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Magnesium Sulfate

Pronunciation

Class: Anticonvulsants, Miscellaneous
VA Class: CN400
CAS Number: 10034-99-8

Introduction

Anticonvulsant parenterally; electrolyte; required cofactor for numerous human enzyme systems.a h

Uses for Magnesium Sulfate

Prevention and Control of Seizures

Injection mainly used as an anticonvulsant for the prevention and control of seizures in toxemia (preeclampsia or eclampsia) of pregnancy, acute nephritis (in children), and in various other conditions.67

Toxemias of Pregnancy

Generally considered the anticonvulsant drug of choice for the prevention and control of seizures in severe preeclampsia or in eclampsia,58 59 60 61 and appears to be more effective than phenytoin.58 60 61 d

Opinions differ regarding the role for prophylactic use in preventing seizures in mild preeclampsia or gestational hypertension.d

Also used in the management of uterine tetany, especially that associated with the use of oxytocic agents.a

Acute Nephritis in Children

Has been used to control seizures, encephalopathy, and hypertension associated with acute nephritis in children.67 However, other agents (e.g., barbiturates, reserpine, hydralazine) should be tried first.67

Some clinicians caution not to use parenteral magnesium sulfate to control seizures unless hypomagnesemia has been confirmed, and to monitor serum magnesium concentration when administered.a

Reserve IV use for immediate control of life-threatening seizures.a

Other Seizure Etiologies

Parenterally, may be useful to control seizures associated with epilepsy, glomerulonephritis, or hypothyroidism, since low plasma concentrations of magnesium may be a contributing cause of seizures in these conditions.a

Prevention and Treatment of Hypomagnesemia

Injection is added to total parenteral nutrition admixtures to correct or prevent hypomagnesemia.67

Treatment of acute hypomagnesemia associated with clinical conditions including malabsorption syndromes, alcoholism, cirrhosis of the liver, acute pancreatitis, or prolonged IV therapy with magnesium-free fluids.a 70

Especially effective in the treatment of acute hypomagnesemia accompanied by signs of tetany similar to those of hypocalcemia;67 usually, serum magnesium concentrations are below the lower limits of normal (1.5–2.5 or 3 mEq/L), and serum calcium concentrations are either normal (4.3–5.3 mEq/L) or elevated in such cases.67

Slideshow: Flashback: FDA Drug Approvals 2013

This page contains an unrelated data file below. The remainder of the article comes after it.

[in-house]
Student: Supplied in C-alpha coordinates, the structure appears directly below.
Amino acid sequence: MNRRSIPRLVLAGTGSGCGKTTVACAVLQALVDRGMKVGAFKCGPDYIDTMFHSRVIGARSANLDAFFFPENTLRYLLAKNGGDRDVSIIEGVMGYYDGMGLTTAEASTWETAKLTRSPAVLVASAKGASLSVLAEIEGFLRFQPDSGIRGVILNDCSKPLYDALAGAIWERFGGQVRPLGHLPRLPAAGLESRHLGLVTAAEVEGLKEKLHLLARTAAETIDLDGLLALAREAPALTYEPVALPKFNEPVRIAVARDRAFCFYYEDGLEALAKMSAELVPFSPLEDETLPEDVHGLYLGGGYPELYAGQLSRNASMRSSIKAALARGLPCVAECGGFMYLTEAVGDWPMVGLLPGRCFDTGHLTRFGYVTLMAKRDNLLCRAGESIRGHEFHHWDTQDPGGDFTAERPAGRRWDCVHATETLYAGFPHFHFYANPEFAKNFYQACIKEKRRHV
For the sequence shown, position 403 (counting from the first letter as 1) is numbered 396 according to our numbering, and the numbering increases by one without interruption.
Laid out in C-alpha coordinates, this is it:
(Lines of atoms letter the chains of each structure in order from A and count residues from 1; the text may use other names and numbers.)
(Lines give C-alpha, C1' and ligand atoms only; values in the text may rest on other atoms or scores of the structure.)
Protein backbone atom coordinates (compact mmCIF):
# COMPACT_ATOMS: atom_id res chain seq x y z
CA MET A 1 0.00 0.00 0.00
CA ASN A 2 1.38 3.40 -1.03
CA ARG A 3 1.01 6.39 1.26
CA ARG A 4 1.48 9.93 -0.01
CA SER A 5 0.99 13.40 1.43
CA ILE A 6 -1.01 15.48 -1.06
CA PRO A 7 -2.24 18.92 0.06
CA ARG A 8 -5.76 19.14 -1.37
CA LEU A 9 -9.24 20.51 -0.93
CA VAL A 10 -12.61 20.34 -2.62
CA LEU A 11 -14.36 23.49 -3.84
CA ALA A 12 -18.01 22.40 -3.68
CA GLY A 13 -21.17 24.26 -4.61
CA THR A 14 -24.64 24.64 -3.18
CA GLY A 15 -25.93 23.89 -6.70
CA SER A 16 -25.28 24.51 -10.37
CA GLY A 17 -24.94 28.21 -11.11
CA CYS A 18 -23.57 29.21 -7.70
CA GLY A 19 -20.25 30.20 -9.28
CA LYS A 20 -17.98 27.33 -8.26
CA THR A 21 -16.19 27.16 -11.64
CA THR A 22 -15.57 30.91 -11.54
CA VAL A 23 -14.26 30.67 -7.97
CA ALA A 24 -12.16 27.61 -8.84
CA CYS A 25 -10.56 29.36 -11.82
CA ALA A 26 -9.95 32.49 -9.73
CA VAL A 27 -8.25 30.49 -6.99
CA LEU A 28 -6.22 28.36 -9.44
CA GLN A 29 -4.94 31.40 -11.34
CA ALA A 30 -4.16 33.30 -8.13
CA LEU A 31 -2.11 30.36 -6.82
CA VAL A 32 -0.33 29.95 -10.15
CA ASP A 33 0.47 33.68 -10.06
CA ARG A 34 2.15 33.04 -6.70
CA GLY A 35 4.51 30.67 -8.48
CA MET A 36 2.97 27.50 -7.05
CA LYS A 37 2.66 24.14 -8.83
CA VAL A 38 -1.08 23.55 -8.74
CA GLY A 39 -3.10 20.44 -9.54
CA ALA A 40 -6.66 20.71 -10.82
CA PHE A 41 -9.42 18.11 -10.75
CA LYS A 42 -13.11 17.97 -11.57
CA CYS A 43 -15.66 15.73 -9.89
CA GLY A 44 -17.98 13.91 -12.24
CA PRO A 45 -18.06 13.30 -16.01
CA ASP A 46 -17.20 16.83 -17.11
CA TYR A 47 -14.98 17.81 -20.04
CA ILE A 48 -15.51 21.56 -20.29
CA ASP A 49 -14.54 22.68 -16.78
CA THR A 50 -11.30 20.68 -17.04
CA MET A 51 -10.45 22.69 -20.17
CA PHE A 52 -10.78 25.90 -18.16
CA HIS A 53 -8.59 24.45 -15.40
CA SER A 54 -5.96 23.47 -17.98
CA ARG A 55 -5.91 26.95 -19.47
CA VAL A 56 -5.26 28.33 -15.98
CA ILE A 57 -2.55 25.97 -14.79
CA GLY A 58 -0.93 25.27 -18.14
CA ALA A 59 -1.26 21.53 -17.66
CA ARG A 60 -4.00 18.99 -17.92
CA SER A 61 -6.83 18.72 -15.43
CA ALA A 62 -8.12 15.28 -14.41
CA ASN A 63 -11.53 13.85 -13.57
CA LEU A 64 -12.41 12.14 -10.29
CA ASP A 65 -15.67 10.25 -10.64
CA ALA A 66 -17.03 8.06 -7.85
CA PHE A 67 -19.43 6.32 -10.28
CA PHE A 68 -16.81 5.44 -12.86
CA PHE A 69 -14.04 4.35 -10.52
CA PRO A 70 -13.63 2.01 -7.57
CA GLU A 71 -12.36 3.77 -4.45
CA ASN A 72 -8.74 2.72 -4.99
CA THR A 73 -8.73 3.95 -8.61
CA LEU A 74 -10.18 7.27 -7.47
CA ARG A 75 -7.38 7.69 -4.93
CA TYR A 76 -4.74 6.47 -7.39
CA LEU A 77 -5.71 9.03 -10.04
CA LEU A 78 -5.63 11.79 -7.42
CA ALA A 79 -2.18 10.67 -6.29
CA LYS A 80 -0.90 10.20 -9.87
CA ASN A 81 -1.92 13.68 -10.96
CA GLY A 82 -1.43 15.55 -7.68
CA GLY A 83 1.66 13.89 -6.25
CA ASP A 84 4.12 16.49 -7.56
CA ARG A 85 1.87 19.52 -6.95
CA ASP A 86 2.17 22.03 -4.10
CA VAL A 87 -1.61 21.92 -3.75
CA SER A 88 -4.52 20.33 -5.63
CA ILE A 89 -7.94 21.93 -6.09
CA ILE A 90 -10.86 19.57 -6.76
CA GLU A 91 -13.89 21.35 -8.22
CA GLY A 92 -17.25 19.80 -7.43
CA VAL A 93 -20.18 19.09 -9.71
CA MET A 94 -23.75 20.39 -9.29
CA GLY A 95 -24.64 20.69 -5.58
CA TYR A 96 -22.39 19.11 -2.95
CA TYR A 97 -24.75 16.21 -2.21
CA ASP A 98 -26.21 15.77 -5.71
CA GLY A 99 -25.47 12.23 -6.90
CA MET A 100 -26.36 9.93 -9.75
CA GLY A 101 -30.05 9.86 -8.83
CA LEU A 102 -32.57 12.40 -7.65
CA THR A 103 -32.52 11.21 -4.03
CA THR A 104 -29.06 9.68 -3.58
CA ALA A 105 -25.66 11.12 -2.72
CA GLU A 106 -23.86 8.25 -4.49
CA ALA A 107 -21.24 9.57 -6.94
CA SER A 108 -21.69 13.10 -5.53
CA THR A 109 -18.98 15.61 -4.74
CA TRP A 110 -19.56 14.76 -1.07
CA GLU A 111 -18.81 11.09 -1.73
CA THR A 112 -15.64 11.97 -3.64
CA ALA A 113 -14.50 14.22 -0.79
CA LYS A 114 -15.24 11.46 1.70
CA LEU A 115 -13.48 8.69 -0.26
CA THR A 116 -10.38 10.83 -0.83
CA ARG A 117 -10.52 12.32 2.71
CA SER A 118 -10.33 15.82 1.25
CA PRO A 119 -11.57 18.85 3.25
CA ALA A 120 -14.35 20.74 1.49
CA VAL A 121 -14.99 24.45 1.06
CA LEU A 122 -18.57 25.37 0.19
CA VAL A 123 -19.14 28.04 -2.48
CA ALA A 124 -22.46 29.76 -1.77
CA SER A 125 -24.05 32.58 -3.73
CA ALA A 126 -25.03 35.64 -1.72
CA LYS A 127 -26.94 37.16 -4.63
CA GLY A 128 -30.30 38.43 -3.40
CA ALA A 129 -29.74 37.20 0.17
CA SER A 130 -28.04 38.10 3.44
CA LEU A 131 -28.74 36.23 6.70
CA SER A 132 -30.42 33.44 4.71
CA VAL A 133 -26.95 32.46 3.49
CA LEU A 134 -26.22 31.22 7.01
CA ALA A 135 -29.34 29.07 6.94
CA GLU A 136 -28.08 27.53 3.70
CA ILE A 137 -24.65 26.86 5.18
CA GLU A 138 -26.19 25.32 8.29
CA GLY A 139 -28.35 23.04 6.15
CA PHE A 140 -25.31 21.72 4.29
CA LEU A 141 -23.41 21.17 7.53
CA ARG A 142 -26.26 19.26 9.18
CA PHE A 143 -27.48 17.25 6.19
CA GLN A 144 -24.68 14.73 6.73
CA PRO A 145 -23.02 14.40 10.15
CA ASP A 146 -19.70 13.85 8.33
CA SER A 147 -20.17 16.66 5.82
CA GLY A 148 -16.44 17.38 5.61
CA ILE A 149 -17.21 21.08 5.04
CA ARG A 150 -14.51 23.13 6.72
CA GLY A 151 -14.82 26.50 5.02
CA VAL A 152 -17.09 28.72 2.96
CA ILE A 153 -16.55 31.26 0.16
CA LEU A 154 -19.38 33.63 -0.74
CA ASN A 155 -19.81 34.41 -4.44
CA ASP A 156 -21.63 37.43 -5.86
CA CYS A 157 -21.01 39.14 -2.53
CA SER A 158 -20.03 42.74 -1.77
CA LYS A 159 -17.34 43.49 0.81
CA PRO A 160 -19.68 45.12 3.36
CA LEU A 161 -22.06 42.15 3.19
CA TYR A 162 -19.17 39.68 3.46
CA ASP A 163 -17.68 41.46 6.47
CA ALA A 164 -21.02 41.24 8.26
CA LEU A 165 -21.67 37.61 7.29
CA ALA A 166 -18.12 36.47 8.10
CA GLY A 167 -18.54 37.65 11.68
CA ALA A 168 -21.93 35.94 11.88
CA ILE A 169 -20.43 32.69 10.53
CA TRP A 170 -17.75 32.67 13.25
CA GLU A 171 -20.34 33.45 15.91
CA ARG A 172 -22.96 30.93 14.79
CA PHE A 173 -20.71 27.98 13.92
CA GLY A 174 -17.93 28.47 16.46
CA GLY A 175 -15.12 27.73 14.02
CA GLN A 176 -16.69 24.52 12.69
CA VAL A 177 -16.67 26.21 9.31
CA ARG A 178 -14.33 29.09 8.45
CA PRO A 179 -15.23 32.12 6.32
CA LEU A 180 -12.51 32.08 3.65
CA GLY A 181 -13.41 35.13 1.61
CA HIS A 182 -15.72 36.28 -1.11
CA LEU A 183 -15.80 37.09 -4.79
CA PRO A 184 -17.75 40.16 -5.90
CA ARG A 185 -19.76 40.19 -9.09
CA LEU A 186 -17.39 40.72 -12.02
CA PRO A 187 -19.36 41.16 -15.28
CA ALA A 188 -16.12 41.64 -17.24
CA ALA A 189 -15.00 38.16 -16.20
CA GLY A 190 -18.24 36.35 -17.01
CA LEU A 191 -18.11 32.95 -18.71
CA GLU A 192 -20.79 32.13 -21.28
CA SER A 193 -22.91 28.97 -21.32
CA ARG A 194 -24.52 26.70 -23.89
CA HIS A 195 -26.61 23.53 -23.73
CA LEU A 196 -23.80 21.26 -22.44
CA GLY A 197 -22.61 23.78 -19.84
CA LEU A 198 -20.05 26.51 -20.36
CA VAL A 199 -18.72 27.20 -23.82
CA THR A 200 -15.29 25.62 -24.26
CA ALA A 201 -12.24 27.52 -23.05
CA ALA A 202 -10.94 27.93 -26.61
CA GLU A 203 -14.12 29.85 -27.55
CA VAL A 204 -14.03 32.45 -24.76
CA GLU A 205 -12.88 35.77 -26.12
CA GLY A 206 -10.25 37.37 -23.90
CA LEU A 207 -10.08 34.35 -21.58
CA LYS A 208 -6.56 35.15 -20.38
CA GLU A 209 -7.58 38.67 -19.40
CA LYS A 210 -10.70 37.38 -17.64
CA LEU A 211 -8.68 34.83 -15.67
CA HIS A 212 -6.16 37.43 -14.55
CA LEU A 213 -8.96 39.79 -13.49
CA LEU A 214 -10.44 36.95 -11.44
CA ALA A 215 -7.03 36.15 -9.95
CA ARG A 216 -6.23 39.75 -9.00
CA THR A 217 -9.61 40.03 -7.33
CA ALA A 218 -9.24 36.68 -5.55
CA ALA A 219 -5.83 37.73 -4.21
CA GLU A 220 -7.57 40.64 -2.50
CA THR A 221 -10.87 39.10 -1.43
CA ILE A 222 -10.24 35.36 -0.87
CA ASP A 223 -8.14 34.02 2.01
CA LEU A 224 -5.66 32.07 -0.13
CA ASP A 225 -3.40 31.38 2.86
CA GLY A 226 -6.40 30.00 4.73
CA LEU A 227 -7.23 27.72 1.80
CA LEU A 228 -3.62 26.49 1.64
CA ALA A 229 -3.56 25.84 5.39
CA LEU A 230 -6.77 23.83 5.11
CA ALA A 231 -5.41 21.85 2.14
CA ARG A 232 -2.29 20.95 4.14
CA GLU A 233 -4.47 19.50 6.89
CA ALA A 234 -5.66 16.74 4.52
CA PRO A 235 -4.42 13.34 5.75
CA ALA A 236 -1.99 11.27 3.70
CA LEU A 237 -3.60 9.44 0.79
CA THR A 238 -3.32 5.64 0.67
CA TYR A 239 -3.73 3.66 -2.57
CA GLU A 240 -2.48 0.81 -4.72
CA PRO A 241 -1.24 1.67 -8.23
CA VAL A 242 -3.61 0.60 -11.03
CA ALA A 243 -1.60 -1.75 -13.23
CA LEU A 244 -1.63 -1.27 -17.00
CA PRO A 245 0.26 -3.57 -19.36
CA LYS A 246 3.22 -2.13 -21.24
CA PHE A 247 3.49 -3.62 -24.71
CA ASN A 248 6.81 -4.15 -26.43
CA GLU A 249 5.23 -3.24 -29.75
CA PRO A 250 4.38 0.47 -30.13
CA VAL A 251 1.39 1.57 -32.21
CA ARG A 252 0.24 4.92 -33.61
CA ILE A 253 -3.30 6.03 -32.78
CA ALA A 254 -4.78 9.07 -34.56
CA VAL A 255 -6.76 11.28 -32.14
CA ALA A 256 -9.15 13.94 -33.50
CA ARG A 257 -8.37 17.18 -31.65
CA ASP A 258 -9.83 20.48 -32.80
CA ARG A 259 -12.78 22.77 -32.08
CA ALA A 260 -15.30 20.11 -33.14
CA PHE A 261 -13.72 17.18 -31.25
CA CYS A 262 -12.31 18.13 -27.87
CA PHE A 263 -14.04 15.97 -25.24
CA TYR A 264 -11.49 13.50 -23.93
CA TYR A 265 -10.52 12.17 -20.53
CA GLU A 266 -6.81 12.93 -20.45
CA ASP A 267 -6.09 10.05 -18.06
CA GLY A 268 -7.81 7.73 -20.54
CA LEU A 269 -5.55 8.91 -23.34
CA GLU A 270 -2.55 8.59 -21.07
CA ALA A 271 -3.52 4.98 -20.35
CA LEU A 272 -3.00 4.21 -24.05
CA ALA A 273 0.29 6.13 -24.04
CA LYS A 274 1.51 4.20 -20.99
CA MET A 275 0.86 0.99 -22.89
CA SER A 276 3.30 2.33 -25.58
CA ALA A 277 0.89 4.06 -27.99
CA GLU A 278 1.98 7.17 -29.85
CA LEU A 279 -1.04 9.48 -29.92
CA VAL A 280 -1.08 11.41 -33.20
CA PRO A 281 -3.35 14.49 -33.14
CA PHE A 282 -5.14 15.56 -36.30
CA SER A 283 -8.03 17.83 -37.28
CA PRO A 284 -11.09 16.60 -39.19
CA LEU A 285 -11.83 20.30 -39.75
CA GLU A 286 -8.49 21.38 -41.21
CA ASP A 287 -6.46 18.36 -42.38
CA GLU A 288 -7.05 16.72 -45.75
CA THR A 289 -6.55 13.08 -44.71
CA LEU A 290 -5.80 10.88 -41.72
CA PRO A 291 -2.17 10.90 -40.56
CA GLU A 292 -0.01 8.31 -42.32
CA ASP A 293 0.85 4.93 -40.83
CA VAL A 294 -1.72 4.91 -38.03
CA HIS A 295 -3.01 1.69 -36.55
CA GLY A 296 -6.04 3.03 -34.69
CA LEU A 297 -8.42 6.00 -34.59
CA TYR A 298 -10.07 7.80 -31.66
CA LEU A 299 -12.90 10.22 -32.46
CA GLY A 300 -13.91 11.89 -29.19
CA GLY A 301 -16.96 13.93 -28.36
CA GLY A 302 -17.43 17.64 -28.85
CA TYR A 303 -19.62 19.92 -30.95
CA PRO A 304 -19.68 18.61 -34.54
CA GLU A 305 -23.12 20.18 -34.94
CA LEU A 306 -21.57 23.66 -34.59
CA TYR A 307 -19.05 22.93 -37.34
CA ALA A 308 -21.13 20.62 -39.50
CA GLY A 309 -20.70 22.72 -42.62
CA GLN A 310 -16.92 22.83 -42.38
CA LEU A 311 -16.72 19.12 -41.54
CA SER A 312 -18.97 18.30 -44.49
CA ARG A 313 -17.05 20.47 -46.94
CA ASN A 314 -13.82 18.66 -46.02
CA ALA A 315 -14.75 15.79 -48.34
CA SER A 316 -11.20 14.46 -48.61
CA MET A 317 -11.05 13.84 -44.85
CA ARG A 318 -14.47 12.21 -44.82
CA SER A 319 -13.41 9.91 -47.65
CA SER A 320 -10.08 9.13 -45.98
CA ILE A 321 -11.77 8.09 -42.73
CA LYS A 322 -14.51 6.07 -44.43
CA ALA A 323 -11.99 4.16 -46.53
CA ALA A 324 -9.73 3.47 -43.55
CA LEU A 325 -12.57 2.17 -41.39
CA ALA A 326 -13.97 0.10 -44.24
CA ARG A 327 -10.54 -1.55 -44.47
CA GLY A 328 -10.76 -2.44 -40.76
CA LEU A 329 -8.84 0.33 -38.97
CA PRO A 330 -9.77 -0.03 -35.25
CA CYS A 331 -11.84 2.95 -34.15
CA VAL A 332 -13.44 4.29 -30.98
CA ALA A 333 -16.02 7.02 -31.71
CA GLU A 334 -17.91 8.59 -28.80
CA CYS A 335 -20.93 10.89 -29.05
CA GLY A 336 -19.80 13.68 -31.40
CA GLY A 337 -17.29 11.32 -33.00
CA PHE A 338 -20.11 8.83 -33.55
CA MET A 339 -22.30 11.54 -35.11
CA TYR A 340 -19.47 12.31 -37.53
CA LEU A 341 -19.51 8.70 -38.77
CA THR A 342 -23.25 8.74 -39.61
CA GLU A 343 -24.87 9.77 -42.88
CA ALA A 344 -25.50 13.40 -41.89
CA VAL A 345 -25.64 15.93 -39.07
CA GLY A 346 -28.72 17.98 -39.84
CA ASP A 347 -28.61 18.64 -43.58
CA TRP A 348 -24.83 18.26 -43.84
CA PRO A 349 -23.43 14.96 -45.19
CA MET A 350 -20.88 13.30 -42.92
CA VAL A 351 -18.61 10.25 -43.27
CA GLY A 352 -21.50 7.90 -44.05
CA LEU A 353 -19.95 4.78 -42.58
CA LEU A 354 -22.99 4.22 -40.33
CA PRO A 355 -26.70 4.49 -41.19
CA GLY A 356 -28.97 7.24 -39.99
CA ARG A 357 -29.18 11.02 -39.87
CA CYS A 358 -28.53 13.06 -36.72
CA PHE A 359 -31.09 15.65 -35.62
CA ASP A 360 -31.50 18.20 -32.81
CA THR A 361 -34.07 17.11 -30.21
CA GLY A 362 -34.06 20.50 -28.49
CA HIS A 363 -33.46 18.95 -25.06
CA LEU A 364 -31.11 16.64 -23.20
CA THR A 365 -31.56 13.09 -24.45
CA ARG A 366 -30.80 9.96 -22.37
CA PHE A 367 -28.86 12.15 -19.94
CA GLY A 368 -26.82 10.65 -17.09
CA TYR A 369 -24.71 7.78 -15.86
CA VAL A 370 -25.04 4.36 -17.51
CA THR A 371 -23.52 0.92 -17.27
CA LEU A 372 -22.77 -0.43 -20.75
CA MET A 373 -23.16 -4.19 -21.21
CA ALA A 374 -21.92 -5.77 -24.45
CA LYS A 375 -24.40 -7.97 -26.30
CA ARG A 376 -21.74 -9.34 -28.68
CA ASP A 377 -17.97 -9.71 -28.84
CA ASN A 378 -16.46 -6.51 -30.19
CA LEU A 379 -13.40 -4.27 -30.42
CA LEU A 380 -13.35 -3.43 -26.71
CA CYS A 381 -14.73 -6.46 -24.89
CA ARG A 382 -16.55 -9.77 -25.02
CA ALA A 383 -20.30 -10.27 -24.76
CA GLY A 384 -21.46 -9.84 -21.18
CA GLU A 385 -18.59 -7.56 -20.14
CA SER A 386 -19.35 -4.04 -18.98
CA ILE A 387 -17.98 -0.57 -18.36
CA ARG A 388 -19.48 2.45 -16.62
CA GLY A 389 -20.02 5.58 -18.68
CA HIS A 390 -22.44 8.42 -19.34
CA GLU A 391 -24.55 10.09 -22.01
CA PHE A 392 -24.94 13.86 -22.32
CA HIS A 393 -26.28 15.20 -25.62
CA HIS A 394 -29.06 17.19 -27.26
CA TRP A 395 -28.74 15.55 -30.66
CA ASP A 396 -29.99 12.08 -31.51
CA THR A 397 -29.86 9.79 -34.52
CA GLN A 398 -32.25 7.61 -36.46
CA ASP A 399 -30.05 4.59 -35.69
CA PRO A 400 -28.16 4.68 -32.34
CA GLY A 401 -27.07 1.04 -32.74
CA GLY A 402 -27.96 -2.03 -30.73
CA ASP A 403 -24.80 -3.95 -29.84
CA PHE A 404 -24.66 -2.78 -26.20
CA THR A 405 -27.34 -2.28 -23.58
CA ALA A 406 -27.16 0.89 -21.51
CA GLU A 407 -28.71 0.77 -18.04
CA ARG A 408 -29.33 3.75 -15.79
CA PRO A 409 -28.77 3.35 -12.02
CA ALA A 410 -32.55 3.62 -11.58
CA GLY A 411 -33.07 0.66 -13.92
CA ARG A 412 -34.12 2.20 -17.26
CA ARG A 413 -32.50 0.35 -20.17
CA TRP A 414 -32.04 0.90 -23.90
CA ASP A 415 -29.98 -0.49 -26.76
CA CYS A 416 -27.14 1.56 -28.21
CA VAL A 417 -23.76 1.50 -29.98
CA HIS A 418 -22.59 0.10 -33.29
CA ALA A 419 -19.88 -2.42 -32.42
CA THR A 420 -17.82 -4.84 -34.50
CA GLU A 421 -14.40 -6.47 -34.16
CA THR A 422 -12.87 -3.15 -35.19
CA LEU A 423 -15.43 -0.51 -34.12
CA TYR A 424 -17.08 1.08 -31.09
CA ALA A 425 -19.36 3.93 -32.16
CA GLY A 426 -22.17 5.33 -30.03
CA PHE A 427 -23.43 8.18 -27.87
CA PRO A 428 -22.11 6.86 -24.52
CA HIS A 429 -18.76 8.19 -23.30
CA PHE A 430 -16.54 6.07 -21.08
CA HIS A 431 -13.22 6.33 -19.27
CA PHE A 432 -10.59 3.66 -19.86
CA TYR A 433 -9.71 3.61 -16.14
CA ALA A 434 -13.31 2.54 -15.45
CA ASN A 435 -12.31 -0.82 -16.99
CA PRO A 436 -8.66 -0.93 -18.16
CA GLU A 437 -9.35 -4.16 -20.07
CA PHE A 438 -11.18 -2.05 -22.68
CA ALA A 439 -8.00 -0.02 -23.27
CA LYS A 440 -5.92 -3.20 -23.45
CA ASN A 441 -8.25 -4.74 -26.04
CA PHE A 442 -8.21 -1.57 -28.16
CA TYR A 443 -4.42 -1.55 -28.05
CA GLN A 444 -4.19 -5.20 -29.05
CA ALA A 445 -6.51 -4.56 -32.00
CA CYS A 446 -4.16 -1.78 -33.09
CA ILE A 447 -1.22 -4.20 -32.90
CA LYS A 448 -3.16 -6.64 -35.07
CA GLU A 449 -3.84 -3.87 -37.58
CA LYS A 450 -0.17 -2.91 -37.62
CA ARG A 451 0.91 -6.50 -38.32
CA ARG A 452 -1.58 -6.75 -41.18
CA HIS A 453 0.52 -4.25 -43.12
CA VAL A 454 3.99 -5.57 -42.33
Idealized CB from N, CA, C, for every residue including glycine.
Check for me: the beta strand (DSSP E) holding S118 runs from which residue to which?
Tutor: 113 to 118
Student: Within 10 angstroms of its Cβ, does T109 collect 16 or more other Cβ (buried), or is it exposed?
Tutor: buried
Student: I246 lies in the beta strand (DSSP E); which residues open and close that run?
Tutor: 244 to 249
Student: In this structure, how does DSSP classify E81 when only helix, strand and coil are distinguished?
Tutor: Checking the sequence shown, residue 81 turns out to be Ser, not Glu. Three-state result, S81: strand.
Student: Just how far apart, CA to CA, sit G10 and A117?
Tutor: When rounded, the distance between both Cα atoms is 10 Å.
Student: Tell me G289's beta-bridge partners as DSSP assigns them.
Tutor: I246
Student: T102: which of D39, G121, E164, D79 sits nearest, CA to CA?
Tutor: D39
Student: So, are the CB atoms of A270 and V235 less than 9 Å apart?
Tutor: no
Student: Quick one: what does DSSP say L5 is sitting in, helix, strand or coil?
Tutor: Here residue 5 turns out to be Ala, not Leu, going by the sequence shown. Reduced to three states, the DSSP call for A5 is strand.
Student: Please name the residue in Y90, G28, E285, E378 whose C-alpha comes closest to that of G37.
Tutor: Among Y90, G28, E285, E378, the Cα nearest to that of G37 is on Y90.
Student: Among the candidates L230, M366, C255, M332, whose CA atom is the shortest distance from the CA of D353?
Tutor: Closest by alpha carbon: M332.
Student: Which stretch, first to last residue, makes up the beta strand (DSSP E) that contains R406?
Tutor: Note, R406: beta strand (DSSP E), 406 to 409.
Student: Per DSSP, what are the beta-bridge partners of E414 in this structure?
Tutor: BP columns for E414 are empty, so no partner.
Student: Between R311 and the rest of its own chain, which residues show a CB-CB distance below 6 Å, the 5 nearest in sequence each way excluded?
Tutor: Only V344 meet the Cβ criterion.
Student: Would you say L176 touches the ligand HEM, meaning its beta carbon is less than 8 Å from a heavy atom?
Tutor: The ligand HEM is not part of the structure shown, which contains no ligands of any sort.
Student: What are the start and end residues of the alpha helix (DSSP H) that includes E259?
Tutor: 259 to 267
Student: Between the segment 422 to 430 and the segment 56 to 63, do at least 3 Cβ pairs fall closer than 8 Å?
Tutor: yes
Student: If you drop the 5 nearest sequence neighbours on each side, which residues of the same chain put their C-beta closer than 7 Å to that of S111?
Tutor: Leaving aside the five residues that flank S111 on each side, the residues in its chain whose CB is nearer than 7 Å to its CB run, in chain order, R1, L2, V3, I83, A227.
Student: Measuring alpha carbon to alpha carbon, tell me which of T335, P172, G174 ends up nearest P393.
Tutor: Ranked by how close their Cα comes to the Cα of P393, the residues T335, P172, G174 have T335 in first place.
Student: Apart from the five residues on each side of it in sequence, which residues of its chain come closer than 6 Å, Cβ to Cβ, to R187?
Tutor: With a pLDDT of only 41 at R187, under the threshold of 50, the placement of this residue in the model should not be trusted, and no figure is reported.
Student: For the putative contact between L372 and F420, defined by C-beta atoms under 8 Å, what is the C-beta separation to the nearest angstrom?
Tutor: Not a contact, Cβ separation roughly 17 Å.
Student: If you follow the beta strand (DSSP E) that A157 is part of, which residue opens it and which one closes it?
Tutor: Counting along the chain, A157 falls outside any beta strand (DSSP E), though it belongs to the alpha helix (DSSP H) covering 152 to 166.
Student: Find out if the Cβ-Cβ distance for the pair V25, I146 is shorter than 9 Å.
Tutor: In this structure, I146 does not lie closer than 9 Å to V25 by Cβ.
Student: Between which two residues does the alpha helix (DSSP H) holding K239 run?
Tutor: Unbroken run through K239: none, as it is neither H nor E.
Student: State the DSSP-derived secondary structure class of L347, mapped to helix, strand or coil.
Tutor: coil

Preterm Labor and Fetal Neuroprotection

Has been used to inhibit uterine contractions in preterm labor (tocolysis) and prolong gestation when considered beneficial.14 69 However, efficacy and safety not established; not labeled by FDA for this use.69 75 76

ACOG states that β-adrenergic agonists, calcium-channel blocking agents, and NSAIAs are first-line tocolytic agents.69

Has been used for fetal neuroprotection prior to preterm delivery to reduce the risk of cerebral palsy.28 29 69 89 If used for fetal neuroprotection and patient is still experiencing preterm labor, consider short-term use of an alternative tocolytic agent.69

Tocolytic therapy may provide short-term prolongation of pregnancy (i.e., ≤48 hours) allowing time for patients to receive corticosteroids to reduce neonatal morbidity and mortality and magnesium sulfate for fetal neuroprotection and/or transfer to another (e.g., tertiary-care) facility; any other potential benefits of prolonging pregnancy are unclear.69 71 72 73

May be contraindicated by maternal or fetal conditions.69 76 (See Contraindications under Cautions.)

Do not use for >5–7 days for tocolysis; such prolonged use in pregnant women has been associated with adverse fetal effects (e.g., hypocalcemia, osteopenia, bone demineralization, fractures).75 76 77 78 79 80 81 82 83 84 85 86 (See Fetal/Neonatal Morbidity and Mortality under Cautions.)

ACOG states that maintenance treatment with tocolytic drugs is not recommended because it is not effective in preventing preterm birth and improving neonatal outcomes.69

Combination therapy with another tocolytic agent may be more effective than single-agent therapy, but may increase risk of maternal morbidity, and safety and efficacy have not been established; use with caution.19 24 25 27 69

Concurrent use of magnesium sulfate and nifedipine may be particularly risky and is potentially harmful.32 69 (See Specific Drugs under Interactions.)

Arrhythmias

Used IV successfully for the treatment of life-threatening arrhythmias such as atypical VT (torsades de pointes).h 8 9 10